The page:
Entrepreneurship, which has been the engine for growth in the United States, has not been cultivated in an effective or systematic way in Europe. To create more businesses and more start-ups requires more than a change in policy. It requires a change in mentality, (The Startup Manifesto)
I want to be clear: entrepreneurship is no silver bullet. Today, entrepreneurs are seen as global heroes, and entrepreneurship as a sort of modern-day philosopher’s stone. Governments and political leaders on the left and on the right, support it. And certainly a shortage of entrepreneurs in Europe can help explain why Europe is losing ground to other economies. However, the required change in mentality is by no means an easy to swallow pill. Entrepreneurs thrive on disruption and inequality. The wealth they generate in America makes the country more unequal. Wealth and inequality go hand in hand. There are winners but also losers. “One size fits all” capitalism has not yet invented. (Joseph Schumpeter warned that the bureaucratisation of capitalism was killing the spirit of entrepreneurship.) Entrepreneurship and innovation are powerful transformation forces, yet difficult to tame. Policy-makers who genuinely want to foster entrepreneurship should focus on removing barriers and stay aside, and they must recognise the importance of the profit motive. An entrepreneur is not exactly the same than a philanthropist. This is not the story politicians love to tell.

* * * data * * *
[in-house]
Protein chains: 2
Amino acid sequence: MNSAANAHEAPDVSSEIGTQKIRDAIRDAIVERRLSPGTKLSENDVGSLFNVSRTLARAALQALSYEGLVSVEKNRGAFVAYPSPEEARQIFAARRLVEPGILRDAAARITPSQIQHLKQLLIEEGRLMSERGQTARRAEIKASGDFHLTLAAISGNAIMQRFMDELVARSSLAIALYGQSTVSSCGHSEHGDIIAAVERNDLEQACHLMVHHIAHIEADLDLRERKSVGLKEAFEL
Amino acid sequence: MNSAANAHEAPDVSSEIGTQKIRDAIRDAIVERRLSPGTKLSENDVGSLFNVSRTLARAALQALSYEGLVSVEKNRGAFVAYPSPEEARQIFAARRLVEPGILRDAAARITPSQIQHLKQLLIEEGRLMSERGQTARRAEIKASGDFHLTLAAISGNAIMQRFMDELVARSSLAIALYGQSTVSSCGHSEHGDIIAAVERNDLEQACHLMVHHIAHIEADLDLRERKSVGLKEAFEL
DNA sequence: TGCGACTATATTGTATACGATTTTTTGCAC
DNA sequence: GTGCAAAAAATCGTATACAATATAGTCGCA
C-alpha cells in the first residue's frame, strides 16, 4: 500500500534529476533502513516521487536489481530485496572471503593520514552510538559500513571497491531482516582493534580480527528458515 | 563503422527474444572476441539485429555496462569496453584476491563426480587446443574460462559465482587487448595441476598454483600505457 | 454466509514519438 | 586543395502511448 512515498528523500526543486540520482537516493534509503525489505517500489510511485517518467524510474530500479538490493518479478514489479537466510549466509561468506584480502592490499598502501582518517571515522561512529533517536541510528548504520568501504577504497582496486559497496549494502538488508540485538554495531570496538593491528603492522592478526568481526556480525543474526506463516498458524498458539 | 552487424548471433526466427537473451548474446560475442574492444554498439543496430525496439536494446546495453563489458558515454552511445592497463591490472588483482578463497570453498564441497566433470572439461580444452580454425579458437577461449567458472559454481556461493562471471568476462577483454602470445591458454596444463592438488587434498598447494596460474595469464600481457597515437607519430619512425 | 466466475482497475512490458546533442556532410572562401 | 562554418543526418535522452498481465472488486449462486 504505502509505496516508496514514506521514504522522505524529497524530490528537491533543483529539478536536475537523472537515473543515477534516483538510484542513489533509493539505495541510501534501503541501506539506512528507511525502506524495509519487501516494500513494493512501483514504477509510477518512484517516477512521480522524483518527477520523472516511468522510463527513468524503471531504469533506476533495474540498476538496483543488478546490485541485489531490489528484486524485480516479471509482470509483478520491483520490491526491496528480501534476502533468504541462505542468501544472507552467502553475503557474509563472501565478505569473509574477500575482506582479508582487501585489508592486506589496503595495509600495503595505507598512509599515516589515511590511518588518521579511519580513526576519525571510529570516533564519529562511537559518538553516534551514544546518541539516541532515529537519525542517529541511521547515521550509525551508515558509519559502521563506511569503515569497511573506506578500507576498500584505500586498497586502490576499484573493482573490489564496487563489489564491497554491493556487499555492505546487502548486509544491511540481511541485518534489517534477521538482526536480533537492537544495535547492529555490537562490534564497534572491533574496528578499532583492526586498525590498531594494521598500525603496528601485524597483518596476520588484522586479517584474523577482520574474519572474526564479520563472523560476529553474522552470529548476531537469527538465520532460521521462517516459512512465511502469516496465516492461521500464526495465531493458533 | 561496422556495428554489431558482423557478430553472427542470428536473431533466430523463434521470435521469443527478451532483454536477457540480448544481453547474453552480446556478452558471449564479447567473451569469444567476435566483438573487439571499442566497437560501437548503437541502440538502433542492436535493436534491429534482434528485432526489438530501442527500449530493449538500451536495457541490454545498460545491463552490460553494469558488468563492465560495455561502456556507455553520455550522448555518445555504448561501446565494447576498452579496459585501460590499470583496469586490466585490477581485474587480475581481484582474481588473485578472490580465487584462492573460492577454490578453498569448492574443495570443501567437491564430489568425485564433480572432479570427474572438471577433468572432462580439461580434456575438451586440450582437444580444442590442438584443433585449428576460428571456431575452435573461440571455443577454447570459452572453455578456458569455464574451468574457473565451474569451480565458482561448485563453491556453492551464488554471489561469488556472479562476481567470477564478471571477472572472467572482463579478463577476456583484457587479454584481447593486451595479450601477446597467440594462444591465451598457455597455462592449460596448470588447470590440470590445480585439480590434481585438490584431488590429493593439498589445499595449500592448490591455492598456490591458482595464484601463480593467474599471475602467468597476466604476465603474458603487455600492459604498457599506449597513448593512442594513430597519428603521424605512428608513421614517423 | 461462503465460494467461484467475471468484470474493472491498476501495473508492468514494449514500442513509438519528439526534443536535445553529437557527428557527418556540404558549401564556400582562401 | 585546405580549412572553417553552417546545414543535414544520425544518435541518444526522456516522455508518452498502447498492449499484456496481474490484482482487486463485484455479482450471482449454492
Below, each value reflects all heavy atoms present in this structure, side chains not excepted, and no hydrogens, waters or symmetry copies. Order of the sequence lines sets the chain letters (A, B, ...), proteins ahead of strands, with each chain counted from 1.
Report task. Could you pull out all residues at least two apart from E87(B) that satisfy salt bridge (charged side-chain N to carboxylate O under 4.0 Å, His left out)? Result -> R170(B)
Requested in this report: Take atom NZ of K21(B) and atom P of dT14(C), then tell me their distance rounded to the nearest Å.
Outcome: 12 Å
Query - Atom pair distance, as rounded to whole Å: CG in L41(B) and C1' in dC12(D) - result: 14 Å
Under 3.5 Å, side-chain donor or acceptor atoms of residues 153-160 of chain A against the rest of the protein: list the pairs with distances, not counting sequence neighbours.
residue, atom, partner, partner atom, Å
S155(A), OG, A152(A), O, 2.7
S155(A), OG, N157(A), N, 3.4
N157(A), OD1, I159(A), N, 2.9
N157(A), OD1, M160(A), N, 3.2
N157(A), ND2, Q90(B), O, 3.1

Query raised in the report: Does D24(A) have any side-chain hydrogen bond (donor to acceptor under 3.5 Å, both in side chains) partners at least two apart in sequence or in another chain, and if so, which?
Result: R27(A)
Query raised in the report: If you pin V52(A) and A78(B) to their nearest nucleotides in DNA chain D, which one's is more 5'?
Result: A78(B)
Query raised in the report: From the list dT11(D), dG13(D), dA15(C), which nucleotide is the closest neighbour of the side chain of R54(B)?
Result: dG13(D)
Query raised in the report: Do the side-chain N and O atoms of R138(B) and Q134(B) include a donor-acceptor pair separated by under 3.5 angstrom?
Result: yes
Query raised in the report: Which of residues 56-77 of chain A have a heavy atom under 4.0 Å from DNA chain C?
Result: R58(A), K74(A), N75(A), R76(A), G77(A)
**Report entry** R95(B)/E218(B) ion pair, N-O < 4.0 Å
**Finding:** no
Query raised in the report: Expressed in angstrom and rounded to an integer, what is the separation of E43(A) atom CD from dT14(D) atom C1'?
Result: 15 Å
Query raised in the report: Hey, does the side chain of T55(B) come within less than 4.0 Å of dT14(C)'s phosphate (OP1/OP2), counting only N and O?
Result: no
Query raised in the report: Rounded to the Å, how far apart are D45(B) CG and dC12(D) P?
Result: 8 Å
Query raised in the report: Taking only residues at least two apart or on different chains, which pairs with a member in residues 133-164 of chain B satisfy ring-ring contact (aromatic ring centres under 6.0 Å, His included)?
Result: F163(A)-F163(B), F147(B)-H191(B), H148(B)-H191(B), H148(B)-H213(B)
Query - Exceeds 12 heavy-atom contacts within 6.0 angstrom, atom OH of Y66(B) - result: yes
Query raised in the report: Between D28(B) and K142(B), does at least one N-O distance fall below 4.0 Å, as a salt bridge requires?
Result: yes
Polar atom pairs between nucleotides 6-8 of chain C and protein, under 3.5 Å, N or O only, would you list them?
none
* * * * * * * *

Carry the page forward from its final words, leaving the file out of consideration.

So let me then tell you why I ultimately think we need more entrepreneurs: I personally know young and not so young people who are working in their own projects, starting their own businesses. When you look into their eyes and feel their energy, you understand that there is no match to what it means to have an idea and the determination to make it bloom. I look back at the moment when I was young, and I wish I had had the know-how and the proper environment to have had entrepreneurship as an option. I did not even consider that possibility simply because it was not “in the air”. Today, I consider myself fortunate because I love the work I am doing, but I would have liked to have pondered just one option more when I was starting myself.
I now see this opportunity and I wish it became a real option for everyone. Then, we need to ask our dear governments and political leaders: please, stop making void promises about jobs and employment and do your homework. No more job creation programmes by employers of last resort. No more meaningless jobs. Go create the conditions to make it possible for me to start my own way of living.
Can you imagine that? No more bosses, no more autocratic and rationed access to wealth. There is no match for this. Let’s overcome a Marxian fate of alienation! And let’s start building a new and better Europe. It is high time.
(1) Recoveries are increasingly becoming “jobless” due to firm restructuring, skill and geographic mismatches between workers and jobs, and sharp decline in new start-ups, (McKinsey Global Institute “An economy that works: Job creation and America’s future”). You can also see, for example, Erik Brynjolfsson and Andrew McAfee “Race Against The Machine“, Digital Frontier Press, October 2011.
Featured Image: The Leaders Group